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THE SAUDI CULTURE OF WORK

THE SAUDI CULTURE OF WORK

You are the future king of Saudi Arabia. You have serious problems to address.


Half your population is under 25, so you know your economy must generate many more jobs. The kingdom’s political and social stability depends on it.

You know that new technologies have made it easier to find oil in new places around the world and pull it from the ground. The resulting surge in global oil supply means energy prices are unlikely to return to the heights of years past ($147 per barrel in 2008). You better make changes that ease your dependence on the sale of oil for government revenue.

You’ll also need to reduce government spending. Nearly two-thirds of working Saudis are employed by the state, and it will become gradually more difficult to pay all these people the wages they expect. You need to encourage more Saudis to take private-sector jobs.

But many of your people don’t want private-sector work. In government jobs, prestige is high, hours are short, vacations are long, and the pay is good.

In addition, 45 percent of Saudi private-sector jobs are in the construction sector. That means manual labor, which many Saudis consider demeaning. They’d prefer that guest-workers from other countries continue doing that kind of work. (About 11 million of the 33 million people living in Saudi Arabia are foreigners.)

You know that too few Saudis have the education and training to take on white-collar jobs in the private sector. Combine these two problems, for blue- and white-collar work, and you can understand why foreign workers hold 90 percent of the kingdom’s private-sector jobs.

You could set quotas that force employers to include a set percentage of Saudis on their payroll and tax the hiring of foreign workers to make it more expensive. You could also tax the foreign workers directly.

In fact, that’s exactly what the Saudi government has been doing. The result is that 800,000 foreign guest-workers have left the kingdom in the past two years, according to a report from Eurasia Group’s Sarah Al Shaalan. Yet there’s no rush of Saudis to take their place in the workforce, and the unemployment rate has risen to an unprecedented high of 12.9 percent.

The bottom line: To bring the Saudi economy into the 21st century, future King Mohammad bin Salman must do more than change the law. He must find a way to change Saudi attitudes toward work. That means changing Saudi culture. His decision to try to bring more women into the workforce by allowing them to drive suggests he understands this better than anyone else.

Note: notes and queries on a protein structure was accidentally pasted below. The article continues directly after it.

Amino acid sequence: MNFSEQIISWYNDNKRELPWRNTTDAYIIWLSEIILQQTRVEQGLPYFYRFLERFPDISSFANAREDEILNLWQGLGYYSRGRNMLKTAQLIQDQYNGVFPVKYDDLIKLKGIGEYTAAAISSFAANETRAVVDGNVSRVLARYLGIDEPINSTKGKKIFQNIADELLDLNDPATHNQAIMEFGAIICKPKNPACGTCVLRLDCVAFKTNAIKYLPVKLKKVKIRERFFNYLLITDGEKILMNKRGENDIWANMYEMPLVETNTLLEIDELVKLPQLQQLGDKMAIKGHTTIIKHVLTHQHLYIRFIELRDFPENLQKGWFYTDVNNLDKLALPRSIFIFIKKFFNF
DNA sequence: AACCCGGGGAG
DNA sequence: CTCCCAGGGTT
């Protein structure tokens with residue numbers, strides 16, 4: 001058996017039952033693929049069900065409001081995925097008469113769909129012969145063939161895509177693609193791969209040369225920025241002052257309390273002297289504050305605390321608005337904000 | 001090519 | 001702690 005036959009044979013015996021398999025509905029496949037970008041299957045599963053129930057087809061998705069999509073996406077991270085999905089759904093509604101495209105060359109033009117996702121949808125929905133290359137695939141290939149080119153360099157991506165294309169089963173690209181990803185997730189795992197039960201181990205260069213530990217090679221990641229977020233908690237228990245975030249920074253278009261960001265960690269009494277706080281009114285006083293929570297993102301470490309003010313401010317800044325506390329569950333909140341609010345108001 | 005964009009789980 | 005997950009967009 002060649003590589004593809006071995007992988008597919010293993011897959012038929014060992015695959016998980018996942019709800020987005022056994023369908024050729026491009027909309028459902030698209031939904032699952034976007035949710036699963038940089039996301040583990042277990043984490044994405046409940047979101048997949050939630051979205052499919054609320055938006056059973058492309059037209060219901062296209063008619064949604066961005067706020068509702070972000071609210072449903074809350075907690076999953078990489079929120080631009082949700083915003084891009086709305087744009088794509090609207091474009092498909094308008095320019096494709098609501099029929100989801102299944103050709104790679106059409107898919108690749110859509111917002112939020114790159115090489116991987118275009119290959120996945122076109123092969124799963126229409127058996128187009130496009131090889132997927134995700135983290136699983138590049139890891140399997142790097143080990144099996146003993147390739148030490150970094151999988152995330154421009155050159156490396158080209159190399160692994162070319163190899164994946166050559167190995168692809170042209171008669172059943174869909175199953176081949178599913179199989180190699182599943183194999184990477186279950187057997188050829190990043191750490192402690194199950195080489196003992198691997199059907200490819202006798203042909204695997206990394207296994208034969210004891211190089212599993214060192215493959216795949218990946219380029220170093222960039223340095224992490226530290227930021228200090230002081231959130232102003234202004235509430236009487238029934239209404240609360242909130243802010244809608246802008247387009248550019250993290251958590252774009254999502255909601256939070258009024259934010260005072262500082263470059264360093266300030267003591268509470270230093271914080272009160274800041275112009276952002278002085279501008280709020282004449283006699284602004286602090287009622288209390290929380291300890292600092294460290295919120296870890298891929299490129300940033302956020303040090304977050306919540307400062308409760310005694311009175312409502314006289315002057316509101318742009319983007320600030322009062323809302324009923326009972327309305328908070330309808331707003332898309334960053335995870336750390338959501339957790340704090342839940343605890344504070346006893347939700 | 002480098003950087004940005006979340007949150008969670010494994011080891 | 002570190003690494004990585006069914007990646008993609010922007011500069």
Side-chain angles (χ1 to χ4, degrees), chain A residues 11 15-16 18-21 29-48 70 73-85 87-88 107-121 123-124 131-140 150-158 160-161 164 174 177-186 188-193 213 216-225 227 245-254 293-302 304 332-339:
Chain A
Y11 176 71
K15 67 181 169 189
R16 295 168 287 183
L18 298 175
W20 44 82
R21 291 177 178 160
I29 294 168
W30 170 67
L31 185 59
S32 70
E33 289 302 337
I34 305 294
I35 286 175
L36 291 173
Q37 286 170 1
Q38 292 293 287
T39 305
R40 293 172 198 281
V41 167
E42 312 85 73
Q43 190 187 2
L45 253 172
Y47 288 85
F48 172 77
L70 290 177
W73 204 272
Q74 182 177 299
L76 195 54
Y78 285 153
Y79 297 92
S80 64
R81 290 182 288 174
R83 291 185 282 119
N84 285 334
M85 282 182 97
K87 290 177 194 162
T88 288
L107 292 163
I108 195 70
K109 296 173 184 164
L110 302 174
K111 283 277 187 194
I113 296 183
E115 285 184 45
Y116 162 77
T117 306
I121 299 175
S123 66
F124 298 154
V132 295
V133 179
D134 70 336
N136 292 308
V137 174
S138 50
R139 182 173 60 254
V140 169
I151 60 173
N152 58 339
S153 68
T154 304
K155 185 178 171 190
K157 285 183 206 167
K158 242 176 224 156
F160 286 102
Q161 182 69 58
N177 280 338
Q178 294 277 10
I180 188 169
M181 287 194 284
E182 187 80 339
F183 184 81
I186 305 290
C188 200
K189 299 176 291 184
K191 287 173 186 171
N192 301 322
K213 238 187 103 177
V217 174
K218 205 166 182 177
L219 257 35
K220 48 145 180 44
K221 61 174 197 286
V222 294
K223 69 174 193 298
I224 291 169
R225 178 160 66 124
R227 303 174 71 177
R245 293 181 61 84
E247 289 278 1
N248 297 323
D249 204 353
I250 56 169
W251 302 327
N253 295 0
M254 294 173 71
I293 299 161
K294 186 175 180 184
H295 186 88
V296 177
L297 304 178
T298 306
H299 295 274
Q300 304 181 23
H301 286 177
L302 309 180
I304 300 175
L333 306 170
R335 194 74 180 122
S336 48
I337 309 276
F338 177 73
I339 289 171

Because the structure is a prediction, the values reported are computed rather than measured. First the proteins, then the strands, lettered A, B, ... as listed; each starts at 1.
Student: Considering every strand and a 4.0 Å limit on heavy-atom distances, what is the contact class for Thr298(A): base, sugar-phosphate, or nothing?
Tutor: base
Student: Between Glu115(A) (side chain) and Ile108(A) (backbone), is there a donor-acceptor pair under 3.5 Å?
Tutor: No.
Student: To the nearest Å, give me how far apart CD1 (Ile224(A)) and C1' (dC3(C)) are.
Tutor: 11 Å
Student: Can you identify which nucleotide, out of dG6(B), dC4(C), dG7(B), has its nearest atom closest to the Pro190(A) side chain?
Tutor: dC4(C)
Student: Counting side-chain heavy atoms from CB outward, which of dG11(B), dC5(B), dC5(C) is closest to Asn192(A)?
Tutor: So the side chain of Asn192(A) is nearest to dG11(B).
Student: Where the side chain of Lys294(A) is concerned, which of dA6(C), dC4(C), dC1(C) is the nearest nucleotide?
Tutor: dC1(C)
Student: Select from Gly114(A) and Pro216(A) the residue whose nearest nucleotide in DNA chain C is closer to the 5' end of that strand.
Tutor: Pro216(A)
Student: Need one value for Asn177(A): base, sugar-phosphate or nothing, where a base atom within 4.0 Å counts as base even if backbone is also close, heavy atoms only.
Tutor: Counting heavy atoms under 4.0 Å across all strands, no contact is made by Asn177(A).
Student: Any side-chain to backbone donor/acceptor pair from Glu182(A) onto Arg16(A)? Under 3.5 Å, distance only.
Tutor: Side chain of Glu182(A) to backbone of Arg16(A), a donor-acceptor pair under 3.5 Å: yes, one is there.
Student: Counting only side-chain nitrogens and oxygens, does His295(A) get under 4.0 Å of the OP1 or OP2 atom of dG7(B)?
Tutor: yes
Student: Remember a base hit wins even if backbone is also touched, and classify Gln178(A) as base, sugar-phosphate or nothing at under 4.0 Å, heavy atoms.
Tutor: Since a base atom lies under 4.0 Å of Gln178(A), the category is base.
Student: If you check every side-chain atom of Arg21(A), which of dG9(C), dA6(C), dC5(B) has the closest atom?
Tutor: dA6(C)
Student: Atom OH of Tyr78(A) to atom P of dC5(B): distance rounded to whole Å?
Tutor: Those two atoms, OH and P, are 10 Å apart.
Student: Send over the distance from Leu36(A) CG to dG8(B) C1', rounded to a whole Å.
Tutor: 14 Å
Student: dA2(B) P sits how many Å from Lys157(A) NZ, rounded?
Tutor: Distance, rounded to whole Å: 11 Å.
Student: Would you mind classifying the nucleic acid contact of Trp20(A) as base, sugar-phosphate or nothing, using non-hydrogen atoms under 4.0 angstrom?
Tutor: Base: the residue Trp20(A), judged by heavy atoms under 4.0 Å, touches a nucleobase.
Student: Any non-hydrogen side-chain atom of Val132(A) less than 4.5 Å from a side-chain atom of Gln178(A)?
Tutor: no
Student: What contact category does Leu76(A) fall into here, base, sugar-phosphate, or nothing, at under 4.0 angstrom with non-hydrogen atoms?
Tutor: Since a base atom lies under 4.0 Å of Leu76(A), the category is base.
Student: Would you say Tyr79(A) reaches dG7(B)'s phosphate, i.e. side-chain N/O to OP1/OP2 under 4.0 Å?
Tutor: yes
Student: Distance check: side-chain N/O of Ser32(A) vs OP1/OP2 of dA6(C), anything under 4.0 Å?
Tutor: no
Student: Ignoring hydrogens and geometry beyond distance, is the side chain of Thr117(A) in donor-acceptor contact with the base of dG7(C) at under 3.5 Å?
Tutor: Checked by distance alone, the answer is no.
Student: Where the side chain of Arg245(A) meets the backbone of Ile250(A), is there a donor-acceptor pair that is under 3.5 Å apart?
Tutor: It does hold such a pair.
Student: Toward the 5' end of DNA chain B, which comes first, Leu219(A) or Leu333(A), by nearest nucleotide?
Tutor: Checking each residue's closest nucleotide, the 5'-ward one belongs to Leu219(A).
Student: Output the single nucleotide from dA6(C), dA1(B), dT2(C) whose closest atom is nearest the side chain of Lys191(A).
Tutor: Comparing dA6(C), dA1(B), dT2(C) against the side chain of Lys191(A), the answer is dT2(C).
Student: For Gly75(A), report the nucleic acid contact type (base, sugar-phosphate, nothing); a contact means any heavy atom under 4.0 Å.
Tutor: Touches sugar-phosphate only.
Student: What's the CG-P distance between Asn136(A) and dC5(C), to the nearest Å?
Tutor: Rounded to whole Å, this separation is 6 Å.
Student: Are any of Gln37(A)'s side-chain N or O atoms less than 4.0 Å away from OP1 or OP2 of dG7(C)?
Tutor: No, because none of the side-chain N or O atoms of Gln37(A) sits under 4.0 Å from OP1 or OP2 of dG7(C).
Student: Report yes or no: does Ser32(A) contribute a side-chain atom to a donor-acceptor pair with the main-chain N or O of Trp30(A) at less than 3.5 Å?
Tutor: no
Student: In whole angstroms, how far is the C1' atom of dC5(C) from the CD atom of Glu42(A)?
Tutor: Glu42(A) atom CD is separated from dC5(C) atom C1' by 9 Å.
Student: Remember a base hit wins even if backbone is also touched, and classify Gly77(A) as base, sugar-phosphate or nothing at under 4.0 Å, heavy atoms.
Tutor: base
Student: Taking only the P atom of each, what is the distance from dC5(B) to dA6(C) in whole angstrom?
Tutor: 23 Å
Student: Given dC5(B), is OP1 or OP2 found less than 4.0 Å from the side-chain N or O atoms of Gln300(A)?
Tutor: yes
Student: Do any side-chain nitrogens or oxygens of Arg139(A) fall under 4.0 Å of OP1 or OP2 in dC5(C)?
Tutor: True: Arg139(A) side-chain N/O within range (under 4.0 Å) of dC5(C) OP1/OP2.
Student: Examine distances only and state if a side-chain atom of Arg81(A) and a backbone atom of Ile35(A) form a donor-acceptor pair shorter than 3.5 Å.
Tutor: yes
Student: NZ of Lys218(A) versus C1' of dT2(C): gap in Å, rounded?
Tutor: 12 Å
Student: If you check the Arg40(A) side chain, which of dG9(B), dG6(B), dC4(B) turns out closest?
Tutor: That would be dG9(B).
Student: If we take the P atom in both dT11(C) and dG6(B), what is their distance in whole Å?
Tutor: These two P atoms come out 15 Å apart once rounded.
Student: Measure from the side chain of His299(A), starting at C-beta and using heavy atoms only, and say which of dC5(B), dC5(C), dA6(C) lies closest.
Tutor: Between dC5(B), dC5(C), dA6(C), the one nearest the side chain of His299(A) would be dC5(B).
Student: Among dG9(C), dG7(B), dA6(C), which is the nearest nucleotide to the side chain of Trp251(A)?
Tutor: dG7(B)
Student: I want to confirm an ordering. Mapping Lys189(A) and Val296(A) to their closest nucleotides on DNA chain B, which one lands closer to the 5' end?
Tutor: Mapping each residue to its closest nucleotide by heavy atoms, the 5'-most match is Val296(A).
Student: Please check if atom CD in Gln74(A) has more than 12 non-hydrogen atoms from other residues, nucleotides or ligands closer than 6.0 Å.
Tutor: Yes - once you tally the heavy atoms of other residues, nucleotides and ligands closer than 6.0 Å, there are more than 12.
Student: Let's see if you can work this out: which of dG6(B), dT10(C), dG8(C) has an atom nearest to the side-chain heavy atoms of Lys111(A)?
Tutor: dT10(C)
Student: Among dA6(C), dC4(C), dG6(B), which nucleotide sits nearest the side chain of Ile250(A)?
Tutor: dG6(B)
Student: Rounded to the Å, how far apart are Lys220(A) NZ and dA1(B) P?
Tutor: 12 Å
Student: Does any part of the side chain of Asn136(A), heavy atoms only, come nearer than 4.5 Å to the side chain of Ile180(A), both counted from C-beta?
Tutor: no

Unfortunately, a correct diagnosis is not enough to solve a problem. Given the stakes, there’s no doubt he’ll keep working at it.

Microsoft released a new annual report, called the Digital Defense Report, covering cybersecurity trends from the past year. This report makes it clear that threat actors have rapidly increased in sophistication over the past year, using techniques that make them harder to spot and that threaten even the savviest targets. For example, nation-state actors are engaging in new reconnaissance techniques that increase their chances of compromising high-value targets, criminal groups targeting businesses have moved their infrastructure to the cloud to hide among legitimate services, and attackers have developed new ways to scour the internet for systems vulnerable to ransomware. Given the leap in attack sophistication in the past year, it is more important than ever that steps are taken to establish new rules of the road for cyberspace: that all organizations, whether government agencies or businesses, invest in people and technology to help stop attacks; and that people focus on the basics, including regular application of security updates, comprehensive backup policies, and, especially, enabling multi-factor authentication. Microsoft summarized some of the most important insights in this year's report, including related suggestions for people and businesses.